Patwon-ki-haveli

The Havelis of Jaisalmer are as famous as its might fortress. Carved in the same yellow sandstone, their intricately carved beauties are a reminiscent of the prosperous past of the town when it happened to be the business hub on the Camel caravan route connecting India to Central Asia.

Though there are many havelis in Jaisalmer, there are few as famous as the big three: Patwa ki Haveli, Nathmal ki Haveli and Salim Singh ki Haveli. Of these three, we were able to visit Patwa ki Haveli and Salim Singh ki Haveli, and needless to say, were much fascinated by the beauty and grandeur of these buildings whose owners were as grandiose as the royals.

Salim Singh Ki Haveli

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Salim Singh ki Haveli

So on an afternoon, we sallied down from the fort and into the streets of Jaisalmer in full force in search of the havelis. The first one we found soon, the haveli of Salim Singh, in whom we find the Rasputin of Jaisalmer. He was the Prime Minister of Jaisalmer in early 1800s whose story of intrigue and revenge not only brought much misery to the kingdom but also caused the Bhati Royals to migrate northwards towards Pakistan. In the end, Salim Singh  was stabbed by a noble and when he started recovering from the wound, his own wife poisoned him.

Salim Singh’s Haveli was originally built to resemble a peacock. Since its façade looks like the stern of a ship, it is also referred as Jahazmahal. The Haveli is not in a very good shape, there are cracks on the walls and the coloured glass panes are broken.  However its derelict state cannot hide the beauty this building must have been once upon a time.  As one goes up the narrow staircase, one cannot help but marvel at the way sandstone has been molded into art here. There are 38 balconies and not two of them are alike. It is said that Salim Singh wanted to make his haveli higher than the fort, but the Rawal was offended and demolished the top stories.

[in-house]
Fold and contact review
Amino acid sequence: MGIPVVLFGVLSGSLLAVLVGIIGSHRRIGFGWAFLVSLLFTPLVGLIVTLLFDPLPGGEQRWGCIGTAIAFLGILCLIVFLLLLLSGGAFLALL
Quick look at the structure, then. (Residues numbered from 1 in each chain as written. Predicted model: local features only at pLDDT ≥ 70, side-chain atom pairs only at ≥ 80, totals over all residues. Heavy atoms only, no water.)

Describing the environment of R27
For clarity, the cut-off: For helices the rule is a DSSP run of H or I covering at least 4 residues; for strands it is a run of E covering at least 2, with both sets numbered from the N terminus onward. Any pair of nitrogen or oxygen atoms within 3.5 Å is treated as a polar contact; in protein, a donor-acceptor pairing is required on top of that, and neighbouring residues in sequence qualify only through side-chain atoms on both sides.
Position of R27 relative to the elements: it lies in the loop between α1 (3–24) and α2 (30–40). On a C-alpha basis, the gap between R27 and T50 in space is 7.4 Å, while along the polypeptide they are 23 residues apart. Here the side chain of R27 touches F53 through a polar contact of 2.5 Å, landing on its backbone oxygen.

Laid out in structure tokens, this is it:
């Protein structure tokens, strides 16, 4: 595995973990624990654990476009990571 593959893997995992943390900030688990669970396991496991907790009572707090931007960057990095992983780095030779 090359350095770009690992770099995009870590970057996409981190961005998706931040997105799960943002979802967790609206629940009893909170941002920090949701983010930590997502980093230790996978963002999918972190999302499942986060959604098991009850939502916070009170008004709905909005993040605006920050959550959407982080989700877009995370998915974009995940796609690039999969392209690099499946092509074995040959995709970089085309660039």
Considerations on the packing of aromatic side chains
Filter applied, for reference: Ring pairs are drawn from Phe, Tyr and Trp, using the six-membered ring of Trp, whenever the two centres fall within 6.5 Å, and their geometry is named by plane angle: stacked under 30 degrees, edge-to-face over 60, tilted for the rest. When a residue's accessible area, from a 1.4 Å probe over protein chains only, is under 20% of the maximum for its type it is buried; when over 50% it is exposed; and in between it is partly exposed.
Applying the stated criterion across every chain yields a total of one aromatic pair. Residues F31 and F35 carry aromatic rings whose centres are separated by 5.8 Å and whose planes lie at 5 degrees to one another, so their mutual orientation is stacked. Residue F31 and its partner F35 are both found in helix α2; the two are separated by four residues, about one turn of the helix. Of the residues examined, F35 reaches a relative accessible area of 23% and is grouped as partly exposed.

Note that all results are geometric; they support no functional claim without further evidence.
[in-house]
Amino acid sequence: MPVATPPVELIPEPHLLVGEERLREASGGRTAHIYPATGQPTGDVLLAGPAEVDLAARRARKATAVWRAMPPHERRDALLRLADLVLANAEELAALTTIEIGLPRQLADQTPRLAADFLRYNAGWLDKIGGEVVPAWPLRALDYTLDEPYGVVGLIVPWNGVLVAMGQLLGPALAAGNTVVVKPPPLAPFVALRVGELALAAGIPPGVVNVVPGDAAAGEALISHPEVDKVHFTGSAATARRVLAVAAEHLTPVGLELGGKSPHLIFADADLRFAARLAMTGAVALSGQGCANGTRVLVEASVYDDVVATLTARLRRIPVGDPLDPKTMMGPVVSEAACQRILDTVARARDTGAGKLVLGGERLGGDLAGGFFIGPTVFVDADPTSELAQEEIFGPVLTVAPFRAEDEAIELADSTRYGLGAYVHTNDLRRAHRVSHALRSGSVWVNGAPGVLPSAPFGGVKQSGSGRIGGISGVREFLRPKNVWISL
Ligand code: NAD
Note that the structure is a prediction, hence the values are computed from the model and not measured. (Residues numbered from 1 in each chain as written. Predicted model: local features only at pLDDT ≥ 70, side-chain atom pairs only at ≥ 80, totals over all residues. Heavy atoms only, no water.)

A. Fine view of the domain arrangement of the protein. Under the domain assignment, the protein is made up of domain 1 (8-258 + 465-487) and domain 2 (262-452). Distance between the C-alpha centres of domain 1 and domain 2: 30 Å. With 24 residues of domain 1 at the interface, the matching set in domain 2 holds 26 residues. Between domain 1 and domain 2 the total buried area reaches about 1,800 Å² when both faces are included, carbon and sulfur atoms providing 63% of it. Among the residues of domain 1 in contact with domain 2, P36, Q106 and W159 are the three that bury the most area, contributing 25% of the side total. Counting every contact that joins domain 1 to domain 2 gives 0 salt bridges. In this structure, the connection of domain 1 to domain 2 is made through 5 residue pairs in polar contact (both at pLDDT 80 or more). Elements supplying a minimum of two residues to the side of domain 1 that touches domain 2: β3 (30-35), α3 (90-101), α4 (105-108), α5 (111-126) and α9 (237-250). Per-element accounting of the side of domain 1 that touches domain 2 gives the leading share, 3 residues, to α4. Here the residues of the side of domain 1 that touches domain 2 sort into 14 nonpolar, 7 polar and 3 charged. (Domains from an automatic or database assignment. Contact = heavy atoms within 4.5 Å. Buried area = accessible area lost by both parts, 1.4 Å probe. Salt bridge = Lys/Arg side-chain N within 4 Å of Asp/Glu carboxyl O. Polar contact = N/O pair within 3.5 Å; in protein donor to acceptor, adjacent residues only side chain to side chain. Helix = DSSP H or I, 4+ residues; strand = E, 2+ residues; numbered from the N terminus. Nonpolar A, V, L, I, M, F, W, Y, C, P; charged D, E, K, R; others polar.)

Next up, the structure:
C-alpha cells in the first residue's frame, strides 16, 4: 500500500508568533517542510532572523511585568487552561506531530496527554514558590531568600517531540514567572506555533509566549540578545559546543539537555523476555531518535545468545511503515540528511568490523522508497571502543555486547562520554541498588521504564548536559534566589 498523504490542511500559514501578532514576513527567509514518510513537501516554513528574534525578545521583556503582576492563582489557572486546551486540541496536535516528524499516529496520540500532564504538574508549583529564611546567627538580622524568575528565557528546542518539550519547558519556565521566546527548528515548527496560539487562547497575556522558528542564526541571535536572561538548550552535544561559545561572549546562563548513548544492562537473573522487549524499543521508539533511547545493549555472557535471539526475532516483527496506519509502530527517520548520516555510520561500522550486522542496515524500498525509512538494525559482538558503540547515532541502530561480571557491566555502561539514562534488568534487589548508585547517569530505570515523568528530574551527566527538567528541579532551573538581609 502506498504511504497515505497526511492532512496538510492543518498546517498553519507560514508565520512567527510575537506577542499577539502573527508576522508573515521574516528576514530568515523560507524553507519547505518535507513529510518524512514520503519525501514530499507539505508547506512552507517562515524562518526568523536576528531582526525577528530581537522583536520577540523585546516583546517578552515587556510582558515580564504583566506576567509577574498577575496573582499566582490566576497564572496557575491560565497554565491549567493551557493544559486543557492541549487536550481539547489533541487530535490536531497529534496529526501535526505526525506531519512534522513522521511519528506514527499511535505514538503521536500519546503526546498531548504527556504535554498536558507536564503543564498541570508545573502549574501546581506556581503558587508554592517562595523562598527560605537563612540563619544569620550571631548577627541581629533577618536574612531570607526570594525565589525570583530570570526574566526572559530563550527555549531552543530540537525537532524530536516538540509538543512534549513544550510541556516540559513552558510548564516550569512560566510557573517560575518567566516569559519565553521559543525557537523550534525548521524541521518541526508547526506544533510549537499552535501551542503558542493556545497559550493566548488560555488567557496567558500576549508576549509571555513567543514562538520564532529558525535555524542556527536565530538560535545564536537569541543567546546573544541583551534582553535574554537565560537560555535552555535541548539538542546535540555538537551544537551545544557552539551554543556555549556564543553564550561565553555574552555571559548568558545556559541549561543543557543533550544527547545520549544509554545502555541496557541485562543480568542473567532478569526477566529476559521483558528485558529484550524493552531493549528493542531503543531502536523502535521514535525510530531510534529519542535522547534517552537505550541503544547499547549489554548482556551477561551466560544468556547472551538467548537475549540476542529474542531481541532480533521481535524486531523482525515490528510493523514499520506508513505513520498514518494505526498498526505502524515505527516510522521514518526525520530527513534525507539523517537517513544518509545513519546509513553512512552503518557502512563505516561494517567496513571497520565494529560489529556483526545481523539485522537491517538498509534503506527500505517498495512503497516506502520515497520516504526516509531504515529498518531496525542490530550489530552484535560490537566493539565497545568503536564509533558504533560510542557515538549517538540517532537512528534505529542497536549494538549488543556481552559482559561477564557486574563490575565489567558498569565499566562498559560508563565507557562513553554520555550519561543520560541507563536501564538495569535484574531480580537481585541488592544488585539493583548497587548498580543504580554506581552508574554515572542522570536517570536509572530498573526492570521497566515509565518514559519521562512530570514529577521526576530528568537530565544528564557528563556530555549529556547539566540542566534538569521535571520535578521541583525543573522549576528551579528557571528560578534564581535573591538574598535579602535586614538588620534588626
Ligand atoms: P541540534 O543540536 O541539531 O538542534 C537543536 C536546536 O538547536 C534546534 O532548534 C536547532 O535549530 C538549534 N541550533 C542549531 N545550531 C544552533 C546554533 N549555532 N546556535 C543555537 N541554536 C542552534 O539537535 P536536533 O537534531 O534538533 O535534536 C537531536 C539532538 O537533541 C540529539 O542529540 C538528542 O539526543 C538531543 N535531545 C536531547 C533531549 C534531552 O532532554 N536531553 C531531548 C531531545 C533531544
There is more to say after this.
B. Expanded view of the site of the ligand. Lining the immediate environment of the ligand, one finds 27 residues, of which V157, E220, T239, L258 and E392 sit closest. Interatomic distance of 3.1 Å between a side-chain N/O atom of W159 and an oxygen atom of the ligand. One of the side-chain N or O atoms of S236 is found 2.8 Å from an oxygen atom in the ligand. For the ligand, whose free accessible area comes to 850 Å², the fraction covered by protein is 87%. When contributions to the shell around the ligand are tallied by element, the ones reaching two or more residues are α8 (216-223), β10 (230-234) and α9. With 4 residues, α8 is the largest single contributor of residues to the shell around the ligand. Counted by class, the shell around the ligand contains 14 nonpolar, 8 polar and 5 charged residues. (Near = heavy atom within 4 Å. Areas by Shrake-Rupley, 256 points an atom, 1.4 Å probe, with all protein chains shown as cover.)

The entrance fee for the monument is Rs 20. Camera fee is Still/Video Rs 20/50.

 

Patwon Ki Haveli

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A view from Patwon ki Haveli

From there we went in search of the much talked about haveli of Jaisalmer, Patwon Ki Haveli. Built between 1800 and 1860, Patwon ki Haveli is a five building complex built by a merchant for his five sons, who was so wealthy that he used to advance loans to the kings. Rising above a narrow lane which looks like the Siq of Petra, this magnificent building is a delight to watch and takes at least 2 hours to explore.

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Two elderly men reading newspaper at the haveli

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A living room in the museum

Build in the same yellow sandstone, every window, every balcony and every arch of this haveli seems to be built for artistic exclusiveness. There are as many as 60 balconies looking down upon the awestruck tourists staring at it. A part of the haveli has been converted into a museum giving a valuable insight into the 19th century life of these wealthy merchants. There is a rich display of artefacts from how the people lived during those days, there is even a gallery just for turbans! We spend a lot of time doing our exploration and marvelling at the workmanship of the artisans of yore who could create magic without today’s fancy gadgets. Art cannot be held hostage to technology and these monuments are worthy reminders to this fact.

The entrance fee for the monument is Indian/ Foreigner Rs 50/ 120. Camera fee is Still/Video Rs 40/70.

Gadi Sagar Lake

Gadi-sagar

Gadi Sagar Lake

While not a haveli, I am taking the liberty to mention Gadi Sagar Lake in this post itself. Once a vital supply of water to Jaisalmer, this 14th century lake remains as an  important landmark in the town. There is a big Tikon-ki-pol gateway to the lake, said to be built by a courtesan who was an ardent follower of Lord Krishna. Surrounded by many temples and shrines, it is a good place to do spend some relaxed time in some other century. It made up for some good photography while the sun went down,  our last evening in Jaisalmer..

Havelis of Jaisalmer, a set on Flickr.

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